Accelerating the appeals process for people seeking asylum who have been detained would risk undermining justice and fairness, the Law Society said today, urging the Tribunal Procedure Committee to reject plans put forward by ministers.
Law Society vice president Joe Egan said: "Rushing detained asylum and immigration appeals risks unjust decisions and unlawful removals.
"In an area of law where the stakes for appellants are so high, we must maintain an impeccable standard of fairness.
"There must be effective judicial oversight of asylum and immigration appeals. Quicker, fairer hearings can be achieved under the existing rules with a better resourced appeal system."
Home Office data has revealed more than 40% of asylum and immigration appeals are successful, underlining the importance of an accessible and fair appeals system.
Joe Egan said: "It is for the courts to decide the merits of each case. An administrative decision by the executive to fast-track an appeal would pre-empt the outcome, remove vital judicial oversight, disenfranchise the appellant and inevitably prejudice the case."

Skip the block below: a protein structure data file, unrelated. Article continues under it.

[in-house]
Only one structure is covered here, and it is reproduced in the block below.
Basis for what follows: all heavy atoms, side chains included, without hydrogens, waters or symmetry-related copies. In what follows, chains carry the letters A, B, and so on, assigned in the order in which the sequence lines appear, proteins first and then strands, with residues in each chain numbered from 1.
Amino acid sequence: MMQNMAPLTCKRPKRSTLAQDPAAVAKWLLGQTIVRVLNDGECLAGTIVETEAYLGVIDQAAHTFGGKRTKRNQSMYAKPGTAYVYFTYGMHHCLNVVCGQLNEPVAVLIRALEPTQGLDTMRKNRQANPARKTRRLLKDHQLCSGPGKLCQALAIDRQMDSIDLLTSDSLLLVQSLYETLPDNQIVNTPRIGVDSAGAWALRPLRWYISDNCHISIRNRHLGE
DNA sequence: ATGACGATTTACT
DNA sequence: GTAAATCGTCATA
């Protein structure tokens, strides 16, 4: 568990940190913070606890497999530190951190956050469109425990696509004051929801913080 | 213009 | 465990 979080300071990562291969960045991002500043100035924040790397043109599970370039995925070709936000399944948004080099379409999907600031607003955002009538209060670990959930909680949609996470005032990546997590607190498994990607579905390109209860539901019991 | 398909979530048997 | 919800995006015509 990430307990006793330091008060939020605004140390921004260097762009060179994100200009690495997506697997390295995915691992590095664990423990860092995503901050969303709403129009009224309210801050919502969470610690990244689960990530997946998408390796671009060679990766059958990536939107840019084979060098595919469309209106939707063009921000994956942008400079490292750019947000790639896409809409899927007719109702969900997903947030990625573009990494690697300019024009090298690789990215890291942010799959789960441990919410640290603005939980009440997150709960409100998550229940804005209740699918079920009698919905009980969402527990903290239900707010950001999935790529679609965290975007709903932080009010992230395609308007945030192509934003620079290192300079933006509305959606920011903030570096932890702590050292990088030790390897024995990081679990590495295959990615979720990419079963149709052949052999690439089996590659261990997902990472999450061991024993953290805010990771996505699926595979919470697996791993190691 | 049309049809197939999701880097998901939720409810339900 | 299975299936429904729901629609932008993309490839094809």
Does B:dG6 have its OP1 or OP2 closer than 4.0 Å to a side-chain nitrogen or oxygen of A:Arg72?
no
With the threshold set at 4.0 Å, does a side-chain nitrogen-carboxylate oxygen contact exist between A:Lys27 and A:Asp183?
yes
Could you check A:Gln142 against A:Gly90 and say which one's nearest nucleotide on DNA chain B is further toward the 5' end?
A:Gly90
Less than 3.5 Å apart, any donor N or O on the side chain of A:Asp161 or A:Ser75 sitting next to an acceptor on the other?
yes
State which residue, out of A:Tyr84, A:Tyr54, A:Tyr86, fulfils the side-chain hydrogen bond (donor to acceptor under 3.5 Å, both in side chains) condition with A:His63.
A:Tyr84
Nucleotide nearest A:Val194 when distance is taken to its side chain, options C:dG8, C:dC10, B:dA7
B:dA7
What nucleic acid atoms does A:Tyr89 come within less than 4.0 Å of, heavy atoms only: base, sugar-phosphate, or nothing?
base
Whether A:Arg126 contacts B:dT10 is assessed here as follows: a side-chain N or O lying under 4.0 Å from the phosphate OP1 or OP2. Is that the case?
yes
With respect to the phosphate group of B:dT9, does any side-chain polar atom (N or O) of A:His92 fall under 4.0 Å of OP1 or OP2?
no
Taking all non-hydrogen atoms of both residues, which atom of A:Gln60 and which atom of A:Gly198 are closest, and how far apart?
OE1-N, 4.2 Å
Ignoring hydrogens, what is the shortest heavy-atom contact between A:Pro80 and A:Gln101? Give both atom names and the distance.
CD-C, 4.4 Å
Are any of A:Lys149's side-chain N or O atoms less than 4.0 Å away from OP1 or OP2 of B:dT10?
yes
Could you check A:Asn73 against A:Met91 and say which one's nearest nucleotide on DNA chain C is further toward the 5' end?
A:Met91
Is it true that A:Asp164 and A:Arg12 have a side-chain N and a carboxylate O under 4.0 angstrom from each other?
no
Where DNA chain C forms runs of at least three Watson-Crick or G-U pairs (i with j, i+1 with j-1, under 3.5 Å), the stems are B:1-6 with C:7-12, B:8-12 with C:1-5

The proposed scheme, which extends from the 12 days ruled unfair in 2015 to 25 days, imposes a severely restricted timetable for the determination of often complex asylum appeals. As appellants would be detained during this time, they would have limited access to their solicitor, further undermining their ability to assert their rights.
Nor do the government proposals adequately show how vulnerable people will be protected or screened out of the fast track scheme. For example, it would be extremely damaging to detain someone with mental health issues who has been tortured or raped.
Joe Egan added: "There is a real risk that speed would prejudice the integrity of the appeal process for people who are often extremely vulnerable and anxious, who may have suffered a terrifying ordeal."
Notes to editors
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